imperialistic arrangements in the Third World.  And with modern corporate
globalism, today's business-elite does not need "home base national
fortresses" to defend their plants, markets, and access to resources.

        This "business protection" function -- formerly carried out on a
push-and-shove basis by the "great powers" -- is increasingly being carried
out systematically by internationalised institutions: IMF, NATO, Brussels,
etc.   Consequently, the nation state has become more of a hindrance than a
benefit to the modern mega-corporation.  It's the dominant nations which
advance the standards in environmental protection, worker's rights, and
other such "emotional" and "wasteful" measures.  Small, weak nations are
more amenable to rape and pillage by corporate developers, and the Third
World is the elite's prototype of how they'd like the whole world to

        Thus a decision has been made by the elite to dump the strong
nation state, dissolve the partnership with people, and return to a
neo-feudal system with an all-powerful corporate elite  and an essentially
disenfranchised people.   This is what is behind the whole
Reagan/Thather/Friedman mythology of free-trade, government "inefficiency"
and "corruption", privatization, market forces, downsizing, etc. etc.
Public infrastructures and institutions are being dismantled, and control
is being turned over to elite corporate hands.  This is an historic and
radical _political_ revolution -- on a scale with the American or French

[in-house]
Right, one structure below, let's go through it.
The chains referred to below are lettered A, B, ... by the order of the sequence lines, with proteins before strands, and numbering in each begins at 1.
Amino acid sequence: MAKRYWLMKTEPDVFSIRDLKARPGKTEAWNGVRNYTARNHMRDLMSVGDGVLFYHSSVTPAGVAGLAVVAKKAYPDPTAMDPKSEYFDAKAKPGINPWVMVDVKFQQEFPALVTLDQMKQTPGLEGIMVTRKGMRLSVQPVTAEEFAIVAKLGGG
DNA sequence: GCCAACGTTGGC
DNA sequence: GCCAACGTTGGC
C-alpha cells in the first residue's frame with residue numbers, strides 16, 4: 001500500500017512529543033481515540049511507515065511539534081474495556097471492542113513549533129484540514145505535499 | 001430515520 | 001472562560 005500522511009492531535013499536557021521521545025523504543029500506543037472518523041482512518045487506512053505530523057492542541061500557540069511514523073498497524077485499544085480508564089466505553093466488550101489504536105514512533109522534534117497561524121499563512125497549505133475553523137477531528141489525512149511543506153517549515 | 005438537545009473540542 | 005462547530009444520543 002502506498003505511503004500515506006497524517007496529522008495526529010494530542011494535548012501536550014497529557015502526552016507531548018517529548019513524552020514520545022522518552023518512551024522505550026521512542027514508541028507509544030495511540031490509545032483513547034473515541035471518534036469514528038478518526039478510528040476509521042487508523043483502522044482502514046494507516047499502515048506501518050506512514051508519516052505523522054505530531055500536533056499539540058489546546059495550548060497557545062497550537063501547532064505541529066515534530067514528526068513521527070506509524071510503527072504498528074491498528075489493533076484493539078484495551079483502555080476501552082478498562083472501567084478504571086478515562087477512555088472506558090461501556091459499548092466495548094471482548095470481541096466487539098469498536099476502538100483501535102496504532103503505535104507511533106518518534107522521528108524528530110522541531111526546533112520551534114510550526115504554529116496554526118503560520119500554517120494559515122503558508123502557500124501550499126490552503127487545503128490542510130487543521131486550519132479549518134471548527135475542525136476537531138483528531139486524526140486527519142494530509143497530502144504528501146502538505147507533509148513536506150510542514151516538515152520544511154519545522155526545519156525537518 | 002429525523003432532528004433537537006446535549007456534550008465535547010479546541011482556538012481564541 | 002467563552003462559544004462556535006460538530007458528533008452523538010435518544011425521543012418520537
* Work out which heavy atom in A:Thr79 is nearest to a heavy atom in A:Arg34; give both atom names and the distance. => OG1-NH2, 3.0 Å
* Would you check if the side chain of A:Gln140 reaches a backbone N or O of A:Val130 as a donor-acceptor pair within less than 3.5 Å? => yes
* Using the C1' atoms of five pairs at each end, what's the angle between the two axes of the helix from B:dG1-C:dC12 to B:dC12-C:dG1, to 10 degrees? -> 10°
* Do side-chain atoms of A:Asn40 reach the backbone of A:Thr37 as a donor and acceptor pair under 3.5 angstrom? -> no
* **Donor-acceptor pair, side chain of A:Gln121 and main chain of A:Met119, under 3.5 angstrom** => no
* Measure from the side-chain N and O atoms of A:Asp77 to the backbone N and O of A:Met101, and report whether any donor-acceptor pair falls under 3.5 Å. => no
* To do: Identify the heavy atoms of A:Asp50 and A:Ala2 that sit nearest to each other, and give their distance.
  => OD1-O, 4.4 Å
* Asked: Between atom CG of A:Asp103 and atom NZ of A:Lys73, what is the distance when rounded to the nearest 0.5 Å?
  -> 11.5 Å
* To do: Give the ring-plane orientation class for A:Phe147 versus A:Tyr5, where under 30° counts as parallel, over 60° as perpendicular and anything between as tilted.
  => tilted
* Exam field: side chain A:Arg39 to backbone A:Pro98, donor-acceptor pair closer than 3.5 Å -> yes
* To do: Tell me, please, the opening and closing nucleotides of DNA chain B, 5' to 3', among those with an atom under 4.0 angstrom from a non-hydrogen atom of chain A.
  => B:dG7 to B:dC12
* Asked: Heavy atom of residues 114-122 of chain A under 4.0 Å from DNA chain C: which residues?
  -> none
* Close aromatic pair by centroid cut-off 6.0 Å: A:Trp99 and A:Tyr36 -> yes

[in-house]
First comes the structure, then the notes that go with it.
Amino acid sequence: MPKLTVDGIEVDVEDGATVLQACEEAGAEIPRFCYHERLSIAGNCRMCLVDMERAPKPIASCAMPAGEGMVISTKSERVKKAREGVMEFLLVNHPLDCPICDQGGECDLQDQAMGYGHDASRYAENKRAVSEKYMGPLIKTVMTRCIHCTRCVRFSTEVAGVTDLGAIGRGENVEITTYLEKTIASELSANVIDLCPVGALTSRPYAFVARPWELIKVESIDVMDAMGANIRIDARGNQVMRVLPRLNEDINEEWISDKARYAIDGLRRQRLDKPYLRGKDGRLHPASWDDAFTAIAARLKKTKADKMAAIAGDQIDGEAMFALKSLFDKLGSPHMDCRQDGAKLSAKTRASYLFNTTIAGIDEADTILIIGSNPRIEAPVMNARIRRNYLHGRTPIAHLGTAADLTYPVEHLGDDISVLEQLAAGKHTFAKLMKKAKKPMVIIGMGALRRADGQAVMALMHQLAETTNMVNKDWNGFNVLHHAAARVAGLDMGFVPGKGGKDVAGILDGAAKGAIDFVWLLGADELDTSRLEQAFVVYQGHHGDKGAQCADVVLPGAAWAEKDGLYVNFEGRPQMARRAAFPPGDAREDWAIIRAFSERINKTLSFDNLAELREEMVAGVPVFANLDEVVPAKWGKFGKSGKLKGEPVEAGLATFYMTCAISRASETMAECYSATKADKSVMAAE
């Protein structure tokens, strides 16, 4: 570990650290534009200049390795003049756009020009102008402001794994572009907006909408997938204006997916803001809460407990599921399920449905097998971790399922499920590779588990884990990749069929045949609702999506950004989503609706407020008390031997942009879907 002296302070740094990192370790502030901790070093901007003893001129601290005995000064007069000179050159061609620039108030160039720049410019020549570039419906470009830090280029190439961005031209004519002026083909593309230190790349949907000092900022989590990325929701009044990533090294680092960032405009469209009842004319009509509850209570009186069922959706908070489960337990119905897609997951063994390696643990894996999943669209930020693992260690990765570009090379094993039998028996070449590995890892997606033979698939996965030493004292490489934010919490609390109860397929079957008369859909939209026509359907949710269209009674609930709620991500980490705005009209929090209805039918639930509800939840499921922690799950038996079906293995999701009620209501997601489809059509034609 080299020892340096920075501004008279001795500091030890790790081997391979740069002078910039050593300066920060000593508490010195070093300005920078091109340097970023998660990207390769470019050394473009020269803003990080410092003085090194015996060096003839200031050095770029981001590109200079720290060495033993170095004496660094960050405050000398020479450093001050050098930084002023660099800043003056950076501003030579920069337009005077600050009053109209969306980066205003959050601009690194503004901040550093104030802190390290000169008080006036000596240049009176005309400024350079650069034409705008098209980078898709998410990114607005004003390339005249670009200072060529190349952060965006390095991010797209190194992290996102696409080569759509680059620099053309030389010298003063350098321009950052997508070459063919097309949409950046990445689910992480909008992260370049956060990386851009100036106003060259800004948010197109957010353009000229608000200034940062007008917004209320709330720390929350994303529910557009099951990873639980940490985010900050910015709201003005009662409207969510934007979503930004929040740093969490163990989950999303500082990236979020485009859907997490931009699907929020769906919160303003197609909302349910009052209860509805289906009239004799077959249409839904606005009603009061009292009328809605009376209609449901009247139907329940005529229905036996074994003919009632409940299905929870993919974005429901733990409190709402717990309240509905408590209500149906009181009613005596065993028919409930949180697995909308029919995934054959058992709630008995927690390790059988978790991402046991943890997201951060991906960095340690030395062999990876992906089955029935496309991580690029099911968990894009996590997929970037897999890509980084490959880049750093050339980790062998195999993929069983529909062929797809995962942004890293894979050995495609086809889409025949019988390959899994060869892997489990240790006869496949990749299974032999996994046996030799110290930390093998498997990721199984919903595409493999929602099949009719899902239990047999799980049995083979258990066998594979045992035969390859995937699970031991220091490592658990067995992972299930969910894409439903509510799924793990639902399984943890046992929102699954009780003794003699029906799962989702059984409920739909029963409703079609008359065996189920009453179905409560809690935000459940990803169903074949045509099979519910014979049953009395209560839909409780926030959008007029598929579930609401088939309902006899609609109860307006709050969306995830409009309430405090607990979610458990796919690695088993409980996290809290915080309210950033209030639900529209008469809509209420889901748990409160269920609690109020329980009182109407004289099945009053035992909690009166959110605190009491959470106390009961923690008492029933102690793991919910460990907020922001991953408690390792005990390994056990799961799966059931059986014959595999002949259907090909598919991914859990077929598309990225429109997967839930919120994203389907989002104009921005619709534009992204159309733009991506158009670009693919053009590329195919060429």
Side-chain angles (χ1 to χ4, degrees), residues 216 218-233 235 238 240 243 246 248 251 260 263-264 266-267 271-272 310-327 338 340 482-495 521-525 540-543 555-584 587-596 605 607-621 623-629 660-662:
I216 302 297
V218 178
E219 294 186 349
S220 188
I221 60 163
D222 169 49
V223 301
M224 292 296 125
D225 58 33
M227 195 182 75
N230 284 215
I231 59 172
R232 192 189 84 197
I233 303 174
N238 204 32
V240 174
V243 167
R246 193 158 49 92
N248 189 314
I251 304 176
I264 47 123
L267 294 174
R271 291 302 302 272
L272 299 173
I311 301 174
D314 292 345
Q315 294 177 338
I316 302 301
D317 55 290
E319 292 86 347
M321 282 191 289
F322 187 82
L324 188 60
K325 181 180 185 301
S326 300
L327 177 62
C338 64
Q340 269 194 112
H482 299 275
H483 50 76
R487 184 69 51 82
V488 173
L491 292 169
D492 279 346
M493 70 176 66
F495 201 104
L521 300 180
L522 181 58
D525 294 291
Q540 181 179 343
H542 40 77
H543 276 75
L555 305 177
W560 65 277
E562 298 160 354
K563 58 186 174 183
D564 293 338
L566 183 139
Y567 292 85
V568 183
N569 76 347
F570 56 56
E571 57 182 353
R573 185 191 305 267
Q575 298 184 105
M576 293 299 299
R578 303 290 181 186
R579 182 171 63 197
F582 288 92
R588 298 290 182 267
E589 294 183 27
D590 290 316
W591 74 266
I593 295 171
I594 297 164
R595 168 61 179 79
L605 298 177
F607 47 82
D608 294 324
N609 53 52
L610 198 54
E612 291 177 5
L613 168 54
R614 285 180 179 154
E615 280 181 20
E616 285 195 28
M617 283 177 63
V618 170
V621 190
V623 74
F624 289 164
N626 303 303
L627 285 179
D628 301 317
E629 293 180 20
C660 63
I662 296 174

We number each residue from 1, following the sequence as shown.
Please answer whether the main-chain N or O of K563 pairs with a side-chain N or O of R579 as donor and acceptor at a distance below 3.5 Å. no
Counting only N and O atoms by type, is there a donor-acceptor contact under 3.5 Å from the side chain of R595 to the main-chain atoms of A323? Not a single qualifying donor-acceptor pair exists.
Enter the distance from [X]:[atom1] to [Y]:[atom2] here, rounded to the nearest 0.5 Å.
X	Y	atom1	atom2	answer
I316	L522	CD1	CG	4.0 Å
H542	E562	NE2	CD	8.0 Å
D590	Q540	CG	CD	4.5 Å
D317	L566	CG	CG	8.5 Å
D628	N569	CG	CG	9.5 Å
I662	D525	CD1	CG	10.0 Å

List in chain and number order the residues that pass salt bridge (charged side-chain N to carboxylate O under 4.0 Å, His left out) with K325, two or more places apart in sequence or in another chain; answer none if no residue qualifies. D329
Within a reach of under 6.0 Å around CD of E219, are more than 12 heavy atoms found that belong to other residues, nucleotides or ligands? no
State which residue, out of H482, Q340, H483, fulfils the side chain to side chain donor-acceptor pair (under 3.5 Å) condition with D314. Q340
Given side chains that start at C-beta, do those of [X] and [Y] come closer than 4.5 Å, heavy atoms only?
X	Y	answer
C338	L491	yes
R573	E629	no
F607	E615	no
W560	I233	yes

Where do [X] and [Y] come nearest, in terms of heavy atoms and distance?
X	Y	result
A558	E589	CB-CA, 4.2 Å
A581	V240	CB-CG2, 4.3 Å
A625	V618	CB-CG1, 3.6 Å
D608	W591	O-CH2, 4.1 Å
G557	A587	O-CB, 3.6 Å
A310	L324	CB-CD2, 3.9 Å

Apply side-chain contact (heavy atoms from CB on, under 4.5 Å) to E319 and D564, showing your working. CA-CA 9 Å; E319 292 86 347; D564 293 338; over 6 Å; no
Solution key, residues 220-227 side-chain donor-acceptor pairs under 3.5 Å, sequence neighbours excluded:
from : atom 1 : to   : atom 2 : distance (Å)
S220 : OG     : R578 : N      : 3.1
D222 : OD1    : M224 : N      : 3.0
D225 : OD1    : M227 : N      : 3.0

Revolutions -- but its existence is covered over in the media by
smokescreen discussions of  secondary and short-term economic issues.
Big-time history is happening in front of our eyes, and only the collatoral
changes are being noted.

        The elite scheme is to make governments weaker, nations smaller,
and to eliminate political rights and social entitlements -- essentially to
eradicate the structures that support democracy.  Citizenship is to be
replaced by the roles of employee and consumer.  Political and economic
control of the world will devolve to faceless bureaucratic commissions, set
up to further the interests of the corporate elite, and backed up by a
U.S./NATO/Judge Dredd, media-praised Strike Force.  "We bombed Lower
Slobovia to make it more competitive" will be the standard battle report in
this new regime.  We've seen test runs of the Judge Dredd
judge-jury-executioner machinery in Panama, Iraq, Somalia, and Bosnia.

* * *

        Maastricht, Scottish independence, ethnic or regional autonomy,
stronger international peace arrangements -- these are all developments
which might have much to be said for them taken in isolation, or if
implemented within a democratic framework.  But within the context of the